Wing-In-Ground (WIG) Effect Craft are also called Ground Effect Vehicles or Surface Effect Vehicles.
WIG Effect vehicles are an old idea that go back decades. Though prototypes have been built by various nations and companies, they never achieved enough widespread interest to warrant their manufacture in any significant numbers. However, new hybrid designs are coming online, and with an ever increasing eye toward fuel efficiency, this technology may yet find its proper niche.
As an aircraft moves through the air, its wing creates wingtip vortices, which generate both a down draft on the upper section of the wing and drag on the aircraft overall. However, when flying close to the ground, the formation of this vortex effect is disrupted, allowing the wing to function much more efficiently. At about one-tenth of the distance of the wingspan above the ground, about half of the drag caused by the vortex phenomenon is eliminated.
Also when traveling near the ground, the air under the vehicle is more compressed and contributes more to lift. The faster the vehicle goes, the more of this air is "rammed" under the wing, adding to the effect.
With both of these phenomena working, an aircraft operating very close to the surface can potentially fly much more efficiently than one at high altitude. More significantly, the ground-effect phenomenon becomes greater the larger the wing span is, allowing larger aircraft with cargo capacities far in excess of what today's heavy air lifters are capable of. For example, the most optimistic projection for Boeing's experimental Pelican WIG Vehicle would put its maximum cargo capacity at some 3000 tons. Compare this to the "mere" 250 tons or so for modern military air transports. As a demonstration of how much surface effect adds to the efficiency of a vehicle, the Pelican will be able to transport 750 tons of cargo over 10,000 miles using Wing-In Ground flight, but its range with such a mass would be limited to about 6500 miles if it uses conventional high-altitude flight.
A number of different craft of this kind have been built over the years, from the small, sporty-looking L-325 built by the American aircraft company Flarecraft, to the large, 350-foot missile-carrying Lam Ekronoplan prototype built by the USSR in 1987. However, they have never really caught on commercially because the benefit from the surface-effect was not significant enough to convince investors, from either the military or private sector, to invest in full production. In order to create major improvements from ground effect, vessels much more massive than even the Lam Ekronoplan would be needed, and the people holding the purse strings have been traditionally reluctant to sink so many resources into what is as yet an unproven venture.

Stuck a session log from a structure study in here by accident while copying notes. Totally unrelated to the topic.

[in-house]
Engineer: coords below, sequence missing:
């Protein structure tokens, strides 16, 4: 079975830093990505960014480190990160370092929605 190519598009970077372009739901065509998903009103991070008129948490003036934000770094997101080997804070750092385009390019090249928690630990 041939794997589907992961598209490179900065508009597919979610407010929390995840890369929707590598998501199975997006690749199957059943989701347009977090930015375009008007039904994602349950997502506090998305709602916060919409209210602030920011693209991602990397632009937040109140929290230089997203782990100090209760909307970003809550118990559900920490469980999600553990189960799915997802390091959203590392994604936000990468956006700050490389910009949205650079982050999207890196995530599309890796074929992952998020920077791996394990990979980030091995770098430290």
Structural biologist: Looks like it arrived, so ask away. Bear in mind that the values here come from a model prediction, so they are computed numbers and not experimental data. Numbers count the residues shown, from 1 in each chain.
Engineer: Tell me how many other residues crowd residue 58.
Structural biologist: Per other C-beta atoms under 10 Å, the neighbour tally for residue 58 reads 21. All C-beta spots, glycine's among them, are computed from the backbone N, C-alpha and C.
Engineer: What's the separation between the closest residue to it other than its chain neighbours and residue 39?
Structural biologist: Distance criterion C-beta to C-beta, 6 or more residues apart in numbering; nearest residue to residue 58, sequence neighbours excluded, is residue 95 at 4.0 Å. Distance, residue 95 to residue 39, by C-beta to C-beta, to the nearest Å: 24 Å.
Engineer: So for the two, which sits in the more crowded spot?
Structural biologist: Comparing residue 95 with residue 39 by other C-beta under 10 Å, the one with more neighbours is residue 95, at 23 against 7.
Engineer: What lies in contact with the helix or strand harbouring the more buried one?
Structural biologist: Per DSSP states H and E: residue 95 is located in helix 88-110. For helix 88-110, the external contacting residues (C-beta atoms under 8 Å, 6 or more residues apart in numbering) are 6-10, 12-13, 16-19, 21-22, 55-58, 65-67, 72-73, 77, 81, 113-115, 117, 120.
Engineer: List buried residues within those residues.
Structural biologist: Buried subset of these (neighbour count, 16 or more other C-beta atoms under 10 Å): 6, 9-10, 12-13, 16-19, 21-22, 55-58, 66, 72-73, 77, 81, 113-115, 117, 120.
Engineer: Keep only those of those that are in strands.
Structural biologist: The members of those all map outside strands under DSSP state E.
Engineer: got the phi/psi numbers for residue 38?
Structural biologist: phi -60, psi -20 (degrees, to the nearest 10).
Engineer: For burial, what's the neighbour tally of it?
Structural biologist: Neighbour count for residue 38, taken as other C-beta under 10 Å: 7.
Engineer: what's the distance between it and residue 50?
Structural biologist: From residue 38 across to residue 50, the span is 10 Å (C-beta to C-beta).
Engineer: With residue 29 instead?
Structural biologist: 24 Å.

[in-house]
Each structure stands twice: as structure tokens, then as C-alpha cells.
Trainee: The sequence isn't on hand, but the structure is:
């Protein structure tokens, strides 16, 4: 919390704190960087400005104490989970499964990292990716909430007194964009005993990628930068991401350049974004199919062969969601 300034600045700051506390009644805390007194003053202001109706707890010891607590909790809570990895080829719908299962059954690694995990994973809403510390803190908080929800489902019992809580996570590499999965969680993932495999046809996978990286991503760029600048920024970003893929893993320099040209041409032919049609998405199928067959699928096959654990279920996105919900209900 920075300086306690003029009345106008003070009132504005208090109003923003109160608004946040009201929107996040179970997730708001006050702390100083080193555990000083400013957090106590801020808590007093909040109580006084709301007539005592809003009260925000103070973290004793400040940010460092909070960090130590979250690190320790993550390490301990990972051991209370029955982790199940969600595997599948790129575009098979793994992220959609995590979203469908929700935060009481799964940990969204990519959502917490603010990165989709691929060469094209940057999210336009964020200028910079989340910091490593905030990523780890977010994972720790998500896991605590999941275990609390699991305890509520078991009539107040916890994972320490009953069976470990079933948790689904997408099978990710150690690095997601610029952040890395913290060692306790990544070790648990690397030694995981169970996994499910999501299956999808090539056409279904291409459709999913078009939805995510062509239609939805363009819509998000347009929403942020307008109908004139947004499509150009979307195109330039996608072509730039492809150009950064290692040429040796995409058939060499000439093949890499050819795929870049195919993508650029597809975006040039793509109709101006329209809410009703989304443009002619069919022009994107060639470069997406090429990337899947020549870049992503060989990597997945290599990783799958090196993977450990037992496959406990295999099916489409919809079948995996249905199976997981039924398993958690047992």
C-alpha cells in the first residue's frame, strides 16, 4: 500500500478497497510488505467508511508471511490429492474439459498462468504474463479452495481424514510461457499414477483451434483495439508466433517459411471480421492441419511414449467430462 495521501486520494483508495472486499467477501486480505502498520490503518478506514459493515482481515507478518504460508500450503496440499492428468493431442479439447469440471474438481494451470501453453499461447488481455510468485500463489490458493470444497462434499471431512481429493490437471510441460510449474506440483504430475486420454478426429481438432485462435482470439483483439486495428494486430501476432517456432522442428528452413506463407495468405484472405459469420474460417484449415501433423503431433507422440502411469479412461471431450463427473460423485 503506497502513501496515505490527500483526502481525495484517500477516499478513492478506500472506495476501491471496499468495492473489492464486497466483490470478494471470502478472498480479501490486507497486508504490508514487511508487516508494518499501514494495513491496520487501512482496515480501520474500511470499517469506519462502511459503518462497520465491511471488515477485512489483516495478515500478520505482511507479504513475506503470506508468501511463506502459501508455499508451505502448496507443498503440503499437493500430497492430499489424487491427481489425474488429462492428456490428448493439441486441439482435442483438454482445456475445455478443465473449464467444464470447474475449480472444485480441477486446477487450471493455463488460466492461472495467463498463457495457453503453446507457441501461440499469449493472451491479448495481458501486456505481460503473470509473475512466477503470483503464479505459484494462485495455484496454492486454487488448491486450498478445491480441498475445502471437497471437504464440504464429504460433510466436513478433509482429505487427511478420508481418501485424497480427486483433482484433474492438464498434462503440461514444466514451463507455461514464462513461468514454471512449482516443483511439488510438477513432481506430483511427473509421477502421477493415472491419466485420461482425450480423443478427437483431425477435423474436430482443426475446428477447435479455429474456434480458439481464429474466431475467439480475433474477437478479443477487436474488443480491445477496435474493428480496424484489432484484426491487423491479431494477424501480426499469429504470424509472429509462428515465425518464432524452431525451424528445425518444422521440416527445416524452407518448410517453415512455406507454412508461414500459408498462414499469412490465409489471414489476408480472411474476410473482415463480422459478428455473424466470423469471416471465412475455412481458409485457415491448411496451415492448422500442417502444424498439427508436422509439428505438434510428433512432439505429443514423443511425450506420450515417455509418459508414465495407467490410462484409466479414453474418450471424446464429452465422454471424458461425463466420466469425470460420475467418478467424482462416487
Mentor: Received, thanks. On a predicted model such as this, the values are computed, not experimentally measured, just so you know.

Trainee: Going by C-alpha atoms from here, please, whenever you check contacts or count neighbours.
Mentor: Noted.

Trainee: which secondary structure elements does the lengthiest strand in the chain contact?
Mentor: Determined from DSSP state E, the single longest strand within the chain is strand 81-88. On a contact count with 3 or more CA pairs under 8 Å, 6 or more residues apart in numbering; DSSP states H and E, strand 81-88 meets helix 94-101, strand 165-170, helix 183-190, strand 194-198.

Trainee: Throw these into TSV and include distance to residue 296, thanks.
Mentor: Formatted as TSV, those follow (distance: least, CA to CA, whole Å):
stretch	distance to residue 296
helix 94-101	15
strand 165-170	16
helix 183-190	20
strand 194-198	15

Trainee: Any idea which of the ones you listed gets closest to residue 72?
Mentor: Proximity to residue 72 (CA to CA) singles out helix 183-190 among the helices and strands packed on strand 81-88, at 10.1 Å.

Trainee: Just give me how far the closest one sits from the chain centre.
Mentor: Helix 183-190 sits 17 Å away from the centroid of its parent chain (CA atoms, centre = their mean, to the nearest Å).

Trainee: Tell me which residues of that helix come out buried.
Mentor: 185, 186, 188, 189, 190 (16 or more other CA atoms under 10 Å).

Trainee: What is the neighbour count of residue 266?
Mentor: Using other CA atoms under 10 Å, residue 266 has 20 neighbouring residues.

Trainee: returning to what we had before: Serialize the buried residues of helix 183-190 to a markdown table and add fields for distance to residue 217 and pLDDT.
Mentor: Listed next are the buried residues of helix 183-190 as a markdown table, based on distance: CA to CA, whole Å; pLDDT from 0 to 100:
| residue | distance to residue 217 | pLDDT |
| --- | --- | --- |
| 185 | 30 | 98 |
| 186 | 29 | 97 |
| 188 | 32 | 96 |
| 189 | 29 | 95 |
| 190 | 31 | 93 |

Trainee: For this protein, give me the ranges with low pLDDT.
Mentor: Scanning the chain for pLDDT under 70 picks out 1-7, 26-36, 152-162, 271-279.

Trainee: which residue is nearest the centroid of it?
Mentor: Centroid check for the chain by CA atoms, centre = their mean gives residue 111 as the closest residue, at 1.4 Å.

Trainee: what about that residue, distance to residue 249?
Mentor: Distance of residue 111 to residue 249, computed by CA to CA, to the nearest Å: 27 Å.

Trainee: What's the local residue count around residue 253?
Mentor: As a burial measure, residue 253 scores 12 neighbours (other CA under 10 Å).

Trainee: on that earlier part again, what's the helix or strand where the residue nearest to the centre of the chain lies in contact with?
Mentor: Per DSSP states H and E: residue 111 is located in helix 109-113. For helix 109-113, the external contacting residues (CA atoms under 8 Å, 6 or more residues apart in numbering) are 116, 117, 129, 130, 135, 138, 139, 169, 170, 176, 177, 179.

|The Lun Ekranoplan, a Soviet Surface-Effect prototype designed as a fast-attack missile carrier.|
Boeing's aforementioned Pelican project hopes to change that. The vehicle is meant as a hybrid between a normal aircraft and a WIG effect vehicle. It can fly at high altitudes like a conventional aircraft, and can take off from most commercial and military runways. The Pelican would have hinged wings. They would held in a standard configuration for normal airplane operations, but angled down in order to maximum compressed airflow during surface-effect flight.
One main disadvantage of surface effect craft is that because they fly at such low altitudes, air density and drag induced by air friction is much greater. WIG vehicles are therefore reduced to much longer flight times than conventional aircraft, but would still be much faster that a water-borne ship.
Another major disadvantage is they cannot operate very well over very uneven surfaces. WIG effect craft cannot take off or land safely when waves on the water are over a certain height. The craft would be engineered to float as well as any boat and could ride out rough weather on the surface, but in order to operate efficiently they would have to avoid rough waters altogether if possible. Accurate up-to-date weather prediction techniques and technology would have to be available to allow a surface-effect vehicle to make a transoceanic flight or other voyages of similar length. Otherwise they may need to be confined to relatively calm bodies of water, such as the Mediterranean Sea, The Caspian Sea, or the Great Lakes.
Though designed to operate primarily over water, these kind of craft could also be pressed into service over flat ground surfaces, such as deserts, tundra, marshlands and so on. Smaller WIG vehicles could also operate over flat lengths of highway with little problem, though that might upset some motorists.
|Boeing's Pelican prototype.|
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